I also wanted my loved ones to be comfortable.  So, I asked my bridesmaids to wear their little black dresses (or catsuits / trouser suits / skirts and tops), like backing singers, and to each choose a colour to accessorise with.  Then I made bouquets in their rainbow colours.  

Photo by the brilliant Tracy Morter (www.tracymorter.com ). Three brilliant women. Three out of seven rainbow flowers…

As established in my ‘Why So Many Clothes?’ diary (http://saranesbitt.co.uk/2011/06/12/why-why-so-many-clothes/), during which I wore everything in my enormous wardrobe, I have a tendency towards holding onto clothes.  This meant that when it came to finding meaningful materials to make my flowers, I had plenty.  

I used fabric from our daughters’ outgrown summer dresses.  Around the necks, there were the usual toddler stains etc., which meant they were not good hand-me-downs.  However, much of the fabric was gorgeous and colourful and, importantly, connected to our union.  If you’re making your own bouquets from old clothes, first date clothes might be another interesting fabric, or anything that is unwearable but has some kind of history.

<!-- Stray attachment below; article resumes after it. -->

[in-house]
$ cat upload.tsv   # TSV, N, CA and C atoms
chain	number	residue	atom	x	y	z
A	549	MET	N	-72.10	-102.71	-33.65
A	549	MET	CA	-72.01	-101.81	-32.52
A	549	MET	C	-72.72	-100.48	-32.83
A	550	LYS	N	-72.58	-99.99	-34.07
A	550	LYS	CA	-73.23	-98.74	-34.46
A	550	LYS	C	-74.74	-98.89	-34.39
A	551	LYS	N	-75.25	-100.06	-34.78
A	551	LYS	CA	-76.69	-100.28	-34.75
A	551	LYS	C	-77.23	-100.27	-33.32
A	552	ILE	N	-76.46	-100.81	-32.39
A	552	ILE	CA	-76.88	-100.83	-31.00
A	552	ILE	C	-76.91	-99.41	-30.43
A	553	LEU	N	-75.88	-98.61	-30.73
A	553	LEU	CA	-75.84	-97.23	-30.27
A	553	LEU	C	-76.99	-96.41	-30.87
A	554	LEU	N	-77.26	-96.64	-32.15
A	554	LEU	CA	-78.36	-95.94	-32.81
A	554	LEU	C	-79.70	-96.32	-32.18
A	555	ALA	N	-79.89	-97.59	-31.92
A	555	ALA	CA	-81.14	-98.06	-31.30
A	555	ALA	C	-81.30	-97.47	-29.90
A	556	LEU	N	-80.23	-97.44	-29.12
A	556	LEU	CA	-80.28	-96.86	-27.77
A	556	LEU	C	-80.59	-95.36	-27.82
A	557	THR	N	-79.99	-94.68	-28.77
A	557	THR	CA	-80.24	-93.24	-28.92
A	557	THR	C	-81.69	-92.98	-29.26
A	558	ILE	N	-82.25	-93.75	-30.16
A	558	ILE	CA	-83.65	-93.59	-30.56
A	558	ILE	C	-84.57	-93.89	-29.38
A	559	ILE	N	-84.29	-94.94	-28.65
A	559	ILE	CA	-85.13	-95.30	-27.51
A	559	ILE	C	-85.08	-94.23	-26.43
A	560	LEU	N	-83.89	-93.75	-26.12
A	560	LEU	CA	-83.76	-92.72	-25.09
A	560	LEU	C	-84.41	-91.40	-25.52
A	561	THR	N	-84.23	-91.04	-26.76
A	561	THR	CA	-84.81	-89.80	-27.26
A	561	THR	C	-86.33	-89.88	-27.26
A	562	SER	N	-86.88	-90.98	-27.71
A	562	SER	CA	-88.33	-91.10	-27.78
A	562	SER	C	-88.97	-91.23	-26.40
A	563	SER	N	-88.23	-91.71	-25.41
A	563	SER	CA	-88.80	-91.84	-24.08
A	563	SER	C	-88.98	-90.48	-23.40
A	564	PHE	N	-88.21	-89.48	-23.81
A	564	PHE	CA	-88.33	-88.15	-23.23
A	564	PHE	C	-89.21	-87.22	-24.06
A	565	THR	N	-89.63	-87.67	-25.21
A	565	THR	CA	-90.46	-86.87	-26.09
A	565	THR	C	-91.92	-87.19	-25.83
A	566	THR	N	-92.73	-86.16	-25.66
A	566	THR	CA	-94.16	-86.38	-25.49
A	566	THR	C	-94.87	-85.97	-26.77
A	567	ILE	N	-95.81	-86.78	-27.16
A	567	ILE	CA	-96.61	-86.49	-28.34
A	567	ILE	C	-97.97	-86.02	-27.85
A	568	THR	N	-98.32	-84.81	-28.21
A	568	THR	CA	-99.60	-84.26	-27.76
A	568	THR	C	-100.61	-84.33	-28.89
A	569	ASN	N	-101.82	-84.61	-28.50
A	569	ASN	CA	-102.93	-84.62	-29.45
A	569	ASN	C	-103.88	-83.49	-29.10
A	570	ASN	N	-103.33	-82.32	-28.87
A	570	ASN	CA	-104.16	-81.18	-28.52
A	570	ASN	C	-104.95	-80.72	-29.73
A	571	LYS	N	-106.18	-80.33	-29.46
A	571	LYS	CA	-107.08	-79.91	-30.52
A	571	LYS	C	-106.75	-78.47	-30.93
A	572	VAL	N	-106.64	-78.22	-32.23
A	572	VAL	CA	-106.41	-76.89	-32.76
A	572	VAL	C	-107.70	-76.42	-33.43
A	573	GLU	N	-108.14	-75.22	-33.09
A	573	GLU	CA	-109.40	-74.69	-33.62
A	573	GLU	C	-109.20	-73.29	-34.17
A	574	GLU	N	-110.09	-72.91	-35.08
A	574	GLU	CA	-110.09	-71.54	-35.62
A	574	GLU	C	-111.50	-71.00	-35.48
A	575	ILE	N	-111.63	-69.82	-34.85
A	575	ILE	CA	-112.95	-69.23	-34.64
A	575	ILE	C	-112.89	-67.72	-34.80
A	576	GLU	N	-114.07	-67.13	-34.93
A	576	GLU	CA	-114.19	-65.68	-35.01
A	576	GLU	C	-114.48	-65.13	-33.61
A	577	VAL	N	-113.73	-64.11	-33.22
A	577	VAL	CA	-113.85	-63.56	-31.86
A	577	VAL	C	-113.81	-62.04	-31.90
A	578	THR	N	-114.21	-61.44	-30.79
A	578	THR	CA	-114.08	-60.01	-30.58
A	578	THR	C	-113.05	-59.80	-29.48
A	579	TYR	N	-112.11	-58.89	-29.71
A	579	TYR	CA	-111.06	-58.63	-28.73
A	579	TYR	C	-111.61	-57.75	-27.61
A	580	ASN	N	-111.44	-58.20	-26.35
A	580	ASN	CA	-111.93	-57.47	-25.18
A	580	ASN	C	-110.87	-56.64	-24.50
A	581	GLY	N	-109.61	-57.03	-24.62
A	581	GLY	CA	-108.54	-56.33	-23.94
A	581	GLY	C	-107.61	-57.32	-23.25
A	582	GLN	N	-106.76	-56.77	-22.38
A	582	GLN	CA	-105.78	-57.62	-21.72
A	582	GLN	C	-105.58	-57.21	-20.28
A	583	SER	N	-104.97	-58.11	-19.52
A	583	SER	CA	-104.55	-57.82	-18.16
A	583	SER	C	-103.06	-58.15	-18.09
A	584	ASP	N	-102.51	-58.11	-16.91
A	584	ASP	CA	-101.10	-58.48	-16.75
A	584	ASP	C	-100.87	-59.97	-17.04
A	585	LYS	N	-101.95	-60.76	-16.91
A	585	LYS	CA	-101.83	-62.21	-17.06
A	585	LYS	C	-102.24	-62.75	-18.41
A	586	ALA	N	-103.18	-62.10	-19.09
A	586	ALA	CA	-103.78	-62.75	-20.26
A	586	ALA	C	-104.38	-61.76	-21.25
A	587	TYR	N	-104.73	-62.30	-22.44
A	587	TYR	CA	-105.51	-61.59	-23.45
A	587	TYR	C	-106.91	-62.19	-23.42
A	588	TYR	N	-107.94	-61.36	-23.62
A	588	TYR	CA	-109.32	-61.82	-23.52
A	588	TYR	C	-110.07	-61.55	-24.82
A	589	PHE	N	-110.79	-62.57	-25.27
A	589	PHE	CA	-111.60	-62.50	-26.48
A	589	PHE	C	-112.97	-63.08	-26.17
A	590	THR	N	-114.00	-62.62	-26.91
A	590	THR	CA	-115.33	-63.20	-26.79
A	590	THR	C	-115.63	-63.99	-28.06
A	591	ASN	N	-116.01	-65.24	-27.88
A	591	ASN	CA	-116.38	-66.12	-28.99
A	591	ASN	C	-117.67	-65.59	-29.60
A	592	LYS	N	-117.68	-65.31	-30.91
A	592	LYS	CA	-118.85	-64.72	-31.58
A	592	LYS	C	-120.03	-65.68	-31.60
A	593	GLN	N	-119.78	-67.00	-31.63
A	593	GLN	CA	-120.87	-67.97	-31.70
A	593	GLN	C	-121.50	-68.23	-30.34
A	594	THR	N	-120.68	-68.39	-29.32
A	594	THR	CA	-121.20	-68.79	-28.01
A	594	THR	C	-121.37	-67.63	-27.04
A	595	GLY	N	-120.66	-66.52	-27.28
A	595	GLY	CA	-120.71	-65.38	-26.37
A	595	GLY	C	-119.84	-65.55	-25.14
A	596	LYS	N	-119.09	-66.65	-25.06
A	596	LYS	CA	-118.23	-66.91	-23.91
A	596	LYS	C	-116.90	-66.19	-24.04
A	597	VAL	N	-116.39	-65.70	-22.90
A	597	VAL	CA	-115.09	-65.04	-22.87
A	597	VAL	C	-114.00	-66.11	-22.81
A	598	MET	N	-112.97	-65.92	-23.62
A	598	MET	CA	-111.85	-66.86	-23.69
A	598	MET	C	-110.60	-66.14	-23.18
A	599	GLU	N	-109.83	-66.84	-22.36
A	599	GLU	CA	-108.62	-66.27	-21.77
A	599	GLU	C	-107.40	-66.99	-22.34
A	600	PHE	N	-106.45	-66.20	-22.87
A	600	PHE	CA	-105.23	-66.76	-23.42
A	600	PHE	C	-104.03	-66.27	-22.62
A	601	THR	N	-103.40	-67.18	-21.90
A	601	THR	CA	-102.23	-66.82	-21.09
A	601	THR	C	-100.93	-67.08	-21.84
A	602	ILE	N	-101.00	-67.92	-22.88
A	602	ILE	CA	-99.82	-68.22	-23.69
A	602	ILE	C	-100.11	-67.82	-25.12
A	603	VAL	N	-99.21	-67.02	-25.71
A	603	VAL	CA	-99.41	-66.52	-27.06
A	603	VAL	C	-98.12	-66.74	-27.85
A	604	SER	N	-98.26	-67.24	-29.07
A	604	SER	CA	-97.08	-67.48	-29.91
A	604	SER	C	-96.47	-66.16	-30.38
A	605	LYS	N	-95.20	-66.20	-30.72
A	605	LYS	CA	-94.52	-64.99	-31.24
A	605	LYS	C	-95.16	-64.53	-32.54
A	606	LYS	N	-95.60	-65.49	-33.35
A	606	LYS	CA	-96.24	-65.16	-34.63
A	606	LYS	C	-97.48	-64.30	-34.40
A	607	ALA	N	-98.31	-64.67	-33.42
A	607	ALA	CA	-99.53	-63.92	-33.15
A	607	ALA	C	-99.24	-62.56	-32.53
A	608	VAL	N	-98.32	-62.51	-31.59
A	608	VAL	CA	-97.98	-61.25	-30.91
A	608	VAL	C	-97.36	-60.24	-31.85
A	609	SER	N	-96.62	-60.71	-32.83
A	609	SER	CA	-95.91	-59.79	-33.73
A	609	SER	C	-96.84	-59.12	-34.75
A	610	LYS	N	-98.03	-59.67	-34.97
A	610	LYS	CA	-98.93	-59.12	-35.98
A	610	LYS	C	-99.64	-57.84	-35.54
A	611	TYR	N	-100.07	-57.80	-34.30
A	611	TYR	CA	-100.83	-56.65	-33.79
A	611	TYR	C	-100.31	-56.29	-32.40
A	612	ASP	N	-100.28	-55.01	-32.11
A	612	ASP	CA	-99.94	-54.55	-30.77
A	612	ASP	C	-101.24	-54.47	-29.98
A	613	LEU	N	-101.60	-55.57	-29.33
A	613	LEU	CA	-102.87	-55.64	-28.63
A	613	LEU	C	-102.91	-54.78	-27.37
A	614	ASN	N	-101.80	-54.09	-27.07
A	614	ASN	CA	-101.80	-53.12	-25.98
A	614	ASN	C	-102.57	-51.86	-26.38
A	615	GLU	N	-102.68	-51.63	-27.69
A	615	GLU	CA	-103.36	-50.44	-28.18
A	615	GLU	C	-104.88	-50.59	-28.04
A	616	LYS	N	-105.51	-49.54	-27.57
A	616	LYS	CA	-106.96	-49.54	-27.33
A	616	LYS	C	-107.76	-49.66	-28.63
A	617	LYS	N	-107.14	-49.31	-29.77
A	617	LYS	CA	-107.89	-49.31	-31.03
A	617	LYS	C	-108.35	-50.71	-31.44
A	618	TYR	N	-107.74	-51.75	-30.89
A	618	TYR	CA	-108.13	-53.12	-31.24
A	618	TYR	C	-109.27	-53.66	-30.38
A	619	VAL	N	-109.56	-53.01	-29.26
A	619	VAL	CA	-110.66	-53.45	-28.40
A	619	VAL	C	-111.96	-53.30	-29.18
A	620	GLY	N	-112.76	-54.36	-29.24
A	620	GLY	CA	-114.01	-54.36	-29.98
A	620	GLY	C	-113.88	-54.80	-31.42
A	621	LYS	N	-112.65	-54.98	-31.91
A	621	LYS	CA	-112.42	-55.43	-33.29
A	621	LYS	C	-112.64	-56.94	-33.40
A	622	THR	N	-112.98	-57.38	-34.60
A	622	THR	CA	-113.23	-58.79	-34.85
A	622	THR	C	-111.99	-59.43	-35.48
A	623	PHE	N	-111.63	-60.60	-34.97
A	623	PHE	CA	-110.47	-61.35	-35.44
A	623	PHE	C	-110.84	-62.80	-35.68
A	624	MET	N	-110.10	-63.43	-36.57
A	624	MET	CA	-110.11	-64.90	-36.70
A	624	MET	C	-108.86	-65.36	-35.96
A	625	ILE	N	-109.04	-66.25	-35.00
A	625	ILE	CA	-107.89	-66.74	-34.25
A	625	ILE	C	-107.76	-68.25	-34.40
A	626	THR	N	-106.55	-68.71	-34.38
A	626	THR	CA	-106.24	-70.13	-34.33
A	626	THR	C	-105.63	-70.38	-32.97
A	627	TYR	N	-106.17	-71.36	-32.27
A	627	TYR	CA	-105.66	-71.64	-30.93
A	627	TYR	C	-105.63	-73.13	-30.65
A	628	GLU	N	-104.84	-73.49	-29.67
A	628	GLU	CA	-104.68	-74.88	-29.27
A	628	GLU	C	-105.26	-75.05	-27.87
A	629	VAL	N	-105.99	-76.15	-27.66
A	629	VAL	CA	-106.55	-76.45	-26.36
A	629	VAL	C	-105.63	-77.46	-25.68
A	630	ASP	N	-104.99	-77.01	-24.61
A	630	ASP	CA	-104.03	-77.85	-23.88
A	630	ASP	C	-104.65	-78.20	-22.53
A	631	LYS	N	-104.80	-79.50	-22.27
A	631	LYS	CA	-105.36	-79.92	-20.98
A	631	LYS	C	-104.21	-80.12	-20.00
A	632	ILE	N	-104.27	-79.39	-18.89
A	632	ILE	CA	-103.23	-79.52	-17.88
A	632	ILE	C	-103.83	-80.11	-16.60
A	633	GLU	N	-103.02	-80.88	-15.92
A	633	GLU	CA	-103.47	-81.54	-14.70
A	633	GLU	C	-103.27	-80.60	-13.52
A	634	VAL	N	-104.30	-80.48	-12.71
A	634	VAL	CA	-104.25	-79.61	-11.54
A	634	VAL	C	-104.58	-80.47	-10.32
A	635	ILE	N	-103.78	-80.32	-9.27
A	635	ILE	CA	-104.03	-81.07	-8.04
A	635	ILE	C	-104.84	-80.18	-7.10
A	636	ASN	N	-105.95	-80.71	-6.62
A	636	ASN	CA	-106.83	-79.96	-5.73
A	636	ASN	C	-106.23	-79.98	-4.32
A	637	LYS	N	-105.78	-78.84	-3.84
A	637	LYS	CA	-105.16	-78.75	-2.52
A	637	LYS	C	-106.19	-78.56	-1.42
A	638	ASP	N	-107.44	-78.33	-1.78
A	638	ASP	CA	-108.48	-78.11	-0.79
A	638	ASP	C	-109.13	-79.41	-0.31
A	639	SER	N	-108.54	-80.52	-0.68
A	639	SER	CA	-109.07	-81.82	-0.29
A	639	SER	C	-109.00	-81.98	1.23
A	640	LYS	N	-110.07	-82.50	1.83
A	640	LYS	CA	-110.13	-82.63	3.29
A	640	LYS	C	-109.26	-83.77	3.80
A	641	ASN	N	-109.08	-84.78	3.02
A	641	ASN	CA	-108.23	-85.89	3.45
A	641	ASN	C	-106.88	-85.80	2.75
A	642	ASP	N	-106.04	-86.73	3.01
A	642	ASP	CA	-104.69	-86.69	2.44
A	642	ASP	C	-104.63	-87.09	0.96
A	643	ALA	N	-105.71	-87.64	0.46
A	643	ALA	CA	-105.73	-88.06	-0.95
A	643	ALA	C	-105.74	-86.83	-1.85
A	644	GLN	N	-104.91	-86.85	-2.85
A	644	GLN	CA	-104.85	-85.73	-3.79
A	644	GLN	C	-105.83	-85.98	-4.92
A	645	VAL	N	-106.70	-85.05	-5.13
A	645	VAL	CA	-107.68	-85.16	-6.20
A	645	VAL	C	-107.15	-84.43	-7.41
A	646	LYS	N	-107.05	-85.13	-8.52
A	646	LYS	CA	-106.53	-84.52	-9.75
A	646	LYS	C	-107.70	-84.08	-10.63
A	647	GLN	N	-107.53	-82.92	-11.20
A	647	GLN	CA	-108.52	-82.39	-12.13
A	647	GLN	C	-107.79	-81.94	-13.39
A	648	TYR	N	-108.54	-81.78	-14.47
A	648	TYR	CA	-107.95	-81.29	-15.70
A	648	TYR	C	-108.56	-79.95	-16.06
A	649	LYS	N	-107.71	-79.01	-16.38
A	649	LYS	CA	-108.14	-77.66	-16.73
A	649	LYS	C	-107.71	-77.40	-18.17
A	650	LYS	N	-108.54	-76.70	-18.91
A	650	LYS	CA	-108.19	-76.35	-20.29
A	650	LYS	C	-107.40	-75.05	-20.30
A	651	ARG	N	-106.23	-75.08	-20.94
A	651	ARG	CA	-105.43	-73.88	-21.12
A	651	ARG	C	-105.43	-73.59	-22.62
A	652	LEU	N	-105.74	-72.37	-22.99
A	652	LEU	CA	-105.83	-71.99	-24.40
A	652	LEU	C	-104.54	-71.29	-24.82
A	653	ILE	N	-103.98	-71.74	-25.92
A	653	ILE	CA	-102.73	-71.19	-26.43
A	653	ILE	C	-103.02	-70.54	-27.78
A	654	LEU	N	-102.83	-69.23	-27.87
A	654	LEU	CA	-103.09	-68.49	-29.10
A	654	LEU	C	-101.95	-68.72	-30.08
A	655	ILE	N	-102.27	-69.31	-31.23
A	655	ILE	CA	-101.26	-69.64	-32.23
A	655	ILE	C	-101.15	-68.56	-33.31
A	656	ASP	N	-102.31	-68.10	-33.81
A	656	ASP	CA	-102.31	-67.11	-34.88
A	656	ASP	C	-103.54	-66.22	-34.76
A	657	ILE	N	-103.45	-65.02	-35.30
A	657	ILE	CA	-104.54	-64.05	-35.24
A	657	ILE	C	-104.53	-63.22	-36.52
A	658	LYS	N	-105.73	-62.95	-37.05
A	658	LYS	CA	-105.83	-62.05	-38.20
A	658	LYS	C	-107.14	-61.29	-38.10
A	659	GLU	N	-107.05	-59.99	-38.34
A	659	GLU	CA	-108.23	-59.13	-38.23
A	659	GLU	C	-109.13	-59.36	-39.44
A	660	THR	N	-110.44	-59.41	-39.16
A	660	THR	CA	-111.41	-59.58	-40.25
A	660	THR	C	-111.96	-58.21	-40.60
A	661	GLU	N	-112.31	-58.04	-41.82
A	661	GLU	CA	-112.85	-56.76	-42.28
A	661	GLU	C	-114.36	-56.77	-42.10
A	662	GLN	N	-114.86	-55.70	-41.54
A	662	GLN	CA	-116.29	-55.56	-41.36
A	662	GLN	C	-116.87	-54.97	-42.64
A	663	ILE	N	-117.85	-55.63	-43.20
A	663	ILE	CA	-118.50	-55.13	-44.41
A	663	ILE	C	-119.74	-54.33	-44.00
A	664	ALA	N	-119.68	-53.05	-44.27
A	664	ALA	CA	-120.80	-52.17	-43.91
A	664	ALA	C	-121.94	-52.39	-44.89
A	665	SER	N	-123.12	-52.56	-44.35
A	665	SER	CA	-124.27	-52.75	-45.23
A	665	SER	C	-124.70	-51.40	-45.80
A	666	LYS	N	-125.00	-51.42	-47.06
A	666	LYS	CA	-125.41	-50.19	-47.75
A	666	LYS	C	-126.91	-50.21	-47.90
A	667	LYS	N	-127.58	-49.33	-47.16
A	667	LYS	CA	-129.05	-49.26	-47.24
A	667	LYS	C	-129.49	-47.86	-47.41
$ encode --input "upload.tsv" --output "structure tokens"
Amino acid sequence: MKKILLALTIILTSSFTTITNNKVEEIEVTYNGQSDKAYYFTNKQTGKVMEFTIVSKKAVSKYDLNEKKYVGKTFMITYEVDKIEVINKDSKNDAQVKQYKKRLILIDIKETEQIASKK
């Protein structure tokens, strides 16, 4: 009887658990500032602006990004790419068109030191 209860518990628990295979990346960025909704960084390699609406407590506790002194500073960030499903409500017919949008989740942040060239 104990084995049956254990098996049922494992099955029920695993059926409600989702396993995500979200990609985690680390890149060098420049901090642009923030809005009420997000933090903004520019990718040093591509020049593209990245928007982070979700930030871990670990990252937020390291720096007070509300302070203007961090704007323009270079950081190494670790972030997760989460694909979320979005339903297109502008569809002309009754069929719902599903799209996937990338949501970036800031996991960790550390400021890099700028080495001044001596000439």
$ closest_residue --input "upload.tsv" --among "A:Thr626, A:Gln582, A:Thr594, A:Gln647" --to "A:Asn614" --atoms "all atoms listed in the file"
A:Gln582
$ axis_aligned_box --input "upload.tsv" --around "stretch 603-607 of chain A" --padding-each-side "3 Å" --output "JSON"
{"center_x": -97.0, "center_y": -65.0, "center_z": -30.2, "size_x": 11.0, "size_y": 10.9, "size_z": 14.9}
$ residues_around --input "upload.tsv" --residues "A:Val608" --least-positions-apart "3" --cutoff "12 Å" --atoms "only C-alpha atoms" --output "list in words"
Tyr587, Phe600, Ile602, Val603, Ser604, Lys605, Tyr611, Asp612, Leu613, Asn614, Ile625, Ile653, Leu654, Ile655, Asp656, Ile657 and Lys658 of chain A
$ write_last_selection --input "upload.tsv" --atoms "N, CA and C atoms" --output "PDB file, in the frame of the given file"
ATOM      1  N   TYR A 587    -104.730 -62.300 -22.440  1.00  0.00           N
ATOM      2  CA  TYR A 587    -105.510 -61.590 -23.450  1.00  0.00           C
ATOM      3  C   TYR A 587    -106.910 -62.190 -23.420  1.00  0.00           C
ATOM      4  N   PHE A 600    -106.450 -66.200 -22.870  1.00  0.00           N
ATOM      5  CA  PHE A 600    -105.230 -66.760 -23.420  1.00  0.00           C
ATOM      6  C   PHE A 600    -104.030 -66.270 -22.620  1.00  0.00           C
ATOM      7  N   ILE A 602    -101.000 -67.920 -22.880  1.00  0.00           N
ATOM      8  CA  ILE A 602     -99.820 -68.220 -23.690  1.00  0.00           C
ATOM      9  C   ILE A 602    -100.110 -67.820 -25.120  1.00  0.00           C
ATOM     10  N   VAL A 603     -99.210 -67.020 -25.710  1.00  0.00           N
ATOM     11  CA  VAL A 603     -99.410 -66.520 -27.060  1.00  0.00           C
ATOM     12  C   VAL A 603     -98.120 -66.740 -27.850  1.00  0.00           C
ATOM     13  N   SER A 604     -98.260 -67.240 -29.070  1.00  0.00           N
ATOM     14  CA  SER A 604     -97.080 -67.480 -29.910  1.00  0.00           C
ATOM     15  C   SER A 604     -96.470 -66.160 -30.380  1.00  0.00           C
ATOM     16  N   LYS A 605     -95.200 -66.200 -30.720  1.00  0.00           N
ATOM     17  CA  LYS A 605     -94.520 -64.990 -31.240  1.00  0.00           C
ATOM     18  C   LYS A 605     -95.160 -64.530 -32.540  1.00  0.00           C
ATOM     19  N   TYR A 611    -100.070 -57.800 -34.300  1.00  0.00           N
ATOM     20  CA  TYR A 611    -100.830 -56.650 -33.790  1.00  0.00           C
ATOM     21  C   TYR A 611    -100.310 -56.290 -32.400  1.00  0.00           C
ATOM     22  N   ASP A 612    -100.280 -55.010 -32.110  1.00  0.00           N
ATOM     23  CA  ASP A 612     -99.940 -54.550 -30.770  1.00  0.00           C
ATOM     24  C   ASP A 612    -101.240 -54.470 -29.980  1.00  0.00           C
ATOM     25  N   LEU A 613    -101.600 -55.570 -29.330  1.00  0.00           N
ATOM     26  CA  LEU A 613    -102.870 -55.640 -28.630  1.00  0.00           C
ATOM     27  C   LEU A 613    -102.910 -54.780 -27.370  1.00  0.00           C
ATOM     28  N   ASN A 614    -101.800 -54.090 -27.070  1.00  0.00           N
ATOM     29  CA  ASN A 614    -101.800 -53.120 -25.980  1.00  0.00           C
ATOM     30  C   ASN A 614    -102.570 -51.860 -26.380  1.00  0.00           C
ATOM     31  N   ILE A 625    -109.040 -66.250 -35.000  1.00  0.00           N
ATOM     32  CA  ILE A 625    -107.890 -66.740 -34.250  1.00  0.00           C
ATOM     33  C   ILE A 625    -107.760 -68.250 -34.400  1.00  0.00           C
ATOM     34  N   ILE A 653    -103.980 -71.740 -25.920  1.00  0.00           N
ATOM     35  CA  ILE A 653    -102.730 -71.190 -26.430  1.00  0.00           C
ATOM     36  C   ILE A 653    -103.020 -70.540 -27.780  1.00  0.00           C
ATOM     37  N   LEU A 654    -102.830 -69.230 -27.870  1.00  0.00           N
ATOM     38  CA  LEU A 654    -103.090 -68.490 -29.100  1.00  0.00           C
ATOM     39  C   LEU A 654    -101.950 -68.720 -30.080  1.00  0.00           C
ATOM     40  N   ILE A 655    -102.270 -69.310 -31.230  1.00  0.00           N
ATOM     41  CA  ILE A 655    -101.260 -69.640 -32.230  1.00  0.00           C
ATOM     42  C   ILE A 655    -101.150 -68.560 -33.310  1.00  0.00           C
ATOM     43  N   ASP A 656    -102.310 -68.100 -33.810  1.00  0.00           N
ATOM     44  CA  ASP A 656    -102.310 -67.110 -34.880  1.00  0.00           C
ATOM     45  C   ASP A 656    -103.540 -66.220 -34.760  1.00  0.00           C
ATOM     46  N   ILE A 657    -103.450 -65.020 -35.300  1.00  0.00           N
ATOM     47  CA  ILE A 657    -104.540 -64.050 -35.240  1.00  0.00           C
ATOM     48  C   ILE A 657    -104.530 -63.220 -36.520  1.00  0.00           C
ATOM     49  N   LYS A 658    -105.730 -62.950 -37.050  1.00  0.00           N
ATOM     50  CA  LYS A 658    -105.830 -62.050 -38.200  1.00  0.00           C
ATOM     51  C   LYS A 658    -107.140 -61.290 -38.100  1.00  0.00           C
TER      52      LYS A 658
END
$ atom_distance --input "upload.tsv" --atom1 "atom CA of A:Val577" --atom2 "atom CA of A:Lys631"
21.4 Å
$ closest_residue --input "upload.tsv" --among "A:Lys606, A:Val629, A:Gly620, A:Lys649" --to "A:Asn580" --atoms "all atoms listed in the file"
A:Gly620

A friend added me to the Facebook group, A Make Do and Mend Life, early on in wedding preparations.  This helped a lot: a community of people who are generous with their skills and advice and gently passionate about conservation.  I was advised to get myself a glue gun and given some ideas on how to make the fabric into flowers.

The method I went with in the end was a combination of several, and well suited to my rudimentary craft skills.